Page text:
everyone always banging on about it

  4. hono


    “At present younger immigrants make a greater fiscal contribution than do the older UK-born population.”

    i hope this is ‘evidenced based’! fat chance. does it take into account the full cost as well as the full tax-take of immigration. no it doesn’t.

  5. hono

    “Family impacts on population size, but how would British adults react to being told to stop at two children?”

    Interesting dichotomy

    a) limits on British family size + immigration
    b) no limits on British family size + no immigration

  6. S M Scott

    Does ‘UK-born women’ mean white?

  7. hono

    no. it means uk-born. the increasing fertility rate of uk-born women is due wholly to the higher fertility rate of people whose parents were immigrants.

    roll on 70 million, roll on 100 million, roll on Rwanda

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  9. Ned

    You see what you get when you ask for “honest debate” people who really really think (and they really do) that we’re heading for “Rwanda” (whatever that means). It’s really hopeless. I’ve given up trying to argue with them. It’s not worth the effort.

  10. keep trying

    The author obviously has a conflict of interest as her job is to support refugees and migrants. I like her attempt to call for a comprehensive discussion on a population policy, but you can’t have such a discussion by immediately trying to cordon off migration issues. At some point, if you’re serious about stabilizing population, you’ve got to make a hard choice and welcome in fewer migrants.

    The population of an island is easy to figure: births, deaths and net migration.

  11. Richard Blogger

    Family impacts on population size, but how would British adults react to being told to stop at two children? What incentives could be offered to families who stop at two?

    We should shun such Maoist ideas. The state should keep away from controlling women’s fertility, that is her choice and her’s only. (That also means the state should not control access to contraception or abortions either.)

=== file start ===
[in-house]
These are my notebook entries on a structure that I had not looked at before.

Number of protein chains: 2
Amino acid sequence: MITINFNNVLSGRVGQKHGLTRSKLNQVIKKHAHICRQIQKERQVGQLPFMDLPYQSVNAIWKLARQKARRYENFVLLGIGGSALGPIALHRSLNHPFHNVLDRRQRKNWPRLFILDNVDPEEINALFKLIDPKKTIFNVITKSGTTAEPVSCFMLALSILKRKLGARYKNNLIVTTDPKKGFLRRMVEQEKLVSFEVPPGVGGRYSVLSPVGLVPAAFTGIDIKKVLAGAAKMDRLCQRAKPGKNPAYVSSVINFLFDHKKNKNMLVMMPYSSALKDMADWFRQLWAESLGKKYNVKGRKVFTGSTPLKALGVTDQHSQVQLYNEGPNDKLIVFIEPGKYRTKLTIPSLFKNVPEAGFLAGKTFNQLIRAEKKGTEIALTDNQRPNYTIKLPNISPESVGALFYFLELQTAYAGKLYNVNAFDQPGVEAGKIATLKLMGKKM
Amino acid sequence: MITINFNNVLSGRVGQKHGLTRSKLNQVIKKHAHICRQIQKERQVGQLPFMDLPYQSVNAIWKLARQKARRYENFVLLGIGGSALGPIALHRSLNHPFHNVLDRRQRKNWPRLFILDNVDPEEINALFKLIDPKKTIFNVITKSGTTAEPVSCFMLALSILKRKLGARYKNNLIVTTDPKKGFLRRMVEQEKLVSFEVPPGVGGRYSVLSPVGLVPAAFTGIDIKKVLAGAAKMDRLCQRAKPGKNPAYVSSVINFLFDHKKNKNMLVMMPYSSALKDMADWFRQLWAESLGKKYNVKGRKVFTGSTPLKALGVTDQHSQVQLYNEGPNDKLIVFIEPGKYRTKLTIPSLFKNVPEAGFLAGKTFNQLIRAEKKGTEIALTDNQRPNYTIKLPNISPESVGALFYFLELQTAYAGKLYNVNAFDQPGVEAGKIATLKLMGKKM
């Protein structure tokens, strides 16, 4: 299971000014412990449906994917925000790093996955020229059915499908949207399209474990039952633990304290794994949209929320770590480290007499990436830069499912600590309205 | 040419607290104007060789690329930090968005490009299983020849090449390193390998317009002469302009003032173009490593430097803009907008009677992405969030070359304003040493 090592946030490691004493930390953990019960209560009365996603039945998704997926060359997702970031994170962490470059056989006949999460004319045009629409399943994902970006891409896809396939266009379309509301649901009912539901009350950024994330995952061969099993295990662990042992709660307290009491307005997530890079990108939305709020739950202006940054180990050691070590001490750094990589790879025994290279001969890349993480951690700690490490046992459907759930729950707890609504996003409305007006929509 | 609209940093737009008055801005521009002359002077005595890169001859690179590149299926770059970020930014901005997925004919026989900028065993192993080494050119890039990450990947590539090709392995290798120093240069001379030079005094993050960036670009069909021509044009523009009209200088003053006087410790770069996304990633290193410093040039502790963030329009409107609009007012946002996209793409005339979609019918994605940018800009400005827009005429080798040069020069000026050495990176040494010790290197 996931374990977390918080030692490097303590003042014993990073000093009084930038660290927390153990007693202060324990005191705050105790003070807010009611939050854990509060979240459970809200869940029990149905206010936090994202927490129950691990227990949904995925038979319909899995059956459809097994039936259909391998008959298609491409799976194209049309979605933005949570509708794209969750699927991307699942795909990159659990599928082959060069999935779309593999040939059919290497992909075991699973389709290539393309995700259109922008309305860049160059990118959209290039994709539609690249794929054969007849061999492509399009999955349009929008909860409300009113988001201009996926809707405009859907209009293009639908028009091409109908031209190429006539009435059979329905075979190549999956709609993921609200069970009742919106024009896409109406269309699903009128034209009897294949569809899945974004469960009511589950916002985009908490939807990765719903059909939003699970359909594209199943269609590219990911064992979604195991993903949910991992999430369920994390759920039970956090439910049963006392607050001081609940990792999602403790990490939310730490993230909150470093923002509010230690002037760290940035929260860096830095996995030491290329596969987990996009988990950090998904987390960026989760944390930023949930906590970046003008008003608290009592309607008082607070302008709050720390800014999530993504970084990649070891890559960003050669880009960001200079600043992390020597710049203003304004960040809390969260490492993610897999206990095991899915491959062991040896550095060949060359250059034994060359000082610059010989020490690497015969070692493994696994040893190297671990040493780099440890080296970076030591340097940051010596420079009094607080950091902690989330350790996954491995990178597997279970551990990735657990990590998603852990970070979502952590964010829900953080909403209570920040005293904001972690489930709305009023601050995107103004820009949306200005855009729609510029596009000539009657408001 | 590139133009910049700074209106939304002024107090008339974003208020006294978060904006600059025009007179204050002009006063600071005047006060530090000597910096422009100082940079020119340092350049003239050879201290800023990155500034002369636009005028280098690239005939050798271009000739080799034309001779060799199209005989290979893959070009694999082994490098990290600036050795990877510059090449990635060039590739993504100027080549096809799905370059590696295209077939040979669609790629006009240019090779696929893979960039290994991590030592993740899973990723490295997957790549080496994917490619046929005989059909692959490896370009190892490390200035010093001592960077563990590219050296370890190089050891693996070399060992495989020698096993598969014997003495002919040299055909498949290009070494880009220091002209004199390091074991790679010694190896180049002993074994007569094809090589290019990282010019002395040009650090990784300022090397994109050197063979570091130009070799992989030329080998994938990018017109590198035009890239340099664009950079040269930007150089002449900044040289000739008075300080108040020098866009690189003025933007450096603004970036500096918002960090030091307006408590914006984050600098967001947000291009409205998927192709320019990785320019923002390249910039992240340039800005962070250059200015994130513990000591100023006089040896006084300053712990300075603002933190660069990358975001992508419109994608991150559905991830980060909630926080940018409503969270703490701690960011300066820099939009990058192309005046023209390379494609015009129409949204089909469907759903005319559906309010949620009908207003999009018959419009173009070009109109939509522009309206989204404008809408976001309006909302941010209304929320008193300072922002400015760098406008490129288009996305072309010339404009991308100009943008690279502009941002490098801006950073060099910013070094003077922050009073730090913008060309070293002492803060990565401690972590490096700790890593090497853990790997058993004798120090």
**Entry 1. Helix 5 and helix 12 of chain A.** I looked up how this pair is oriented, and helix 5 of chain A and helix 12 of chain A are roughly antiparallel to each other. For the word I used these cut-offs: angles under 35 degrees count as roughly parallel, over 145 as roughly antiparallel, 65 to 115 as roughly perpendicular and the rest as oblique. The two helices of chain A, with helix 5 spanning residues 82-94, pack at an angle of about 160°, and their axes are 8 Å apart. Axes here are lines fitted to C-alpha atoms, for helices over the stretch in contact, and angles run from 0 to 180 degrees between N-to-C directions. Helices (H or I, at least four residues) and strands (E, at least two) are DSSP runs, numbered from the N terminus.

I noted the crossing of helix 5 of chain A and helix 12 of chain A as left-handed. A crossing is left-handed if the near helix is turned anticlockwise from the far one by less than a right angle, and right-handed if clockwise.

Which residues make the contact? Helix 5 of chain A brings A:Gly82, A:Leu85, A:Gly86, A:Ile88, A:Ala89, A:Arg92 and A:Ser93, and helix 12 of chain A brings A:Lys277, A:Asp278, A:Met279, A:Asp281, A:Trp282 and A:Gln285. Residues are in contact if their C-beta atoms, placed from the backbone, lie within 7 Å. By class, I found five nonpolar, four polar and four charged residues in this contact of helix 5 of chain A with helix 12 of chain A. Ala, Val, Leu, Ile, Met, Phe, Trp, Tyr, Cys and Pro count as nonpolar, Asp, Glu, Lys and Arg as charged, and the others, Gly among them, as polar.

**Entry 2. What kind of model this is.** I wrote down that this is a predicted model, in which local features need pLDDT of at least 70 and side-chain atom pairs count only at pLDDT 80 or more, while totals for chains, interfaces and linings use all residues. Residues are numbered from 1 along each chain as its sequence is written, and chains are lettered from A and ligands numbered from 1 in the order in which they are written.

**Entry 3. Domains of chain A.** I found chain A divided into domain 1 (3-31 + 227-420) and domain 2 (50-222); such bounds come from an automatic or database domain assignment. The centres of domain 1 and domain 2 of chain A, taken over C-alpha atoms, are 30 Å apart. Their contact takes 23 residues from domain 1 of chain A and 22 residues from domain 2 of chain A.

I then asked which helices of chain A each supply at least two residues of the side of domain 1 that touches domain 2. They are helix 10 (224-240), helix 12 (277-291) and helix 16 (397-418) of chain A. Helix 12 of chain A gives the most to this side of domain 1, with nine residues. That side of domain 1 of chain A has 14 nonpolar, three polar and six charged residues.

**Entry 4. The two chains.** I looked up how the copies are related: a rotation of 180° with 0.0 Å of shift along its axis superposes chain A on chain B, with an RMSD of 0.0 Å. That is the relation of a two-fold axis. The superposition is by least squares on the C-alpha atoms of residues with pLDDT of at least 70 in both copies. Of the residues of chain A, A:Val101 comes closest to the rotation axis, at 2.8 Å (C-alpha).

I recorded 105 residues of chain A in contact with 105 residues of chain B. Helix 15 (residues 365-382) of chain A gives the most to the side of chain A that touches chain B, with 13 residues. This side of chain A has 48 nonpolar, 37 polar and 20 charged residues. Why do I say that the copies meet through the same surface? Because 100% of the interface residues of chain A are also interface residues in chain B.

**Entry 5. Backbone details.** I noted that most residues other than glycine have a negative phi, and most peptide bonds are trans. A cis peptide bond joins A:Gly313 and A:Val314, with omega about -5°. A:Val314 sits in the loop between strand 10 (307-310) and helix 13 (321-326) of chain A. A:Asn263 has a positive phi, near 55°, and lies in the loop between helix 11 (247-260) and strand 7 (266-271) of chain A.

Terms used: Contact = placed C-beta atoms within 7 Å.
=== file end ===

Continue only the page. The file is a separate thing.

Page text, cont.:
The honest debate needs to have even more honesty.

    Most people contributing to a private pension now will find that the policy will be worthless in 20 years time when they come to draw the pension. Unfortunately Thatcher’s “reforms” only made money for the insurance companies. People on public sector pensions will be better off, but in the PBR Darling has announced a cut in contributions from the state, and I suspect that after the election there will be serious attempts to reduce the state’s contributions further. Basically, after the elecvtion there will be a re-alignment between public sector pensions and private pensions: we will all be in the same boat with worthless pensions.

    So basically we are living longer and our pensions will be fairly worthless. So what can be done? Well, I suspect that the age to draw a pension will rise significantly, but the retirement age will decrease. That is, most people will be semi-retired between 60 and 75, which will free up more jobs for the younger generation. It makes sense because people over 60 will have paid off most of their large loans (mortgage) and will no longer have expenses like child raising. So they will be able to live on a lower income.

  12. Anon E Mouse

    Richard Blogger – And Browns “reforms” started to tax the pension funds…

    …thanks New Labour.

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  14. morten olesen

    obviously Britain needs to curb immigration from third-world countries right now – stop it altogether. Unless, of course, the intention is to turn Britain into an overcrowded third-world country like Bangladesh, eg….pull yourselves together, folks, and vote for BNP so Labour can start getting their act together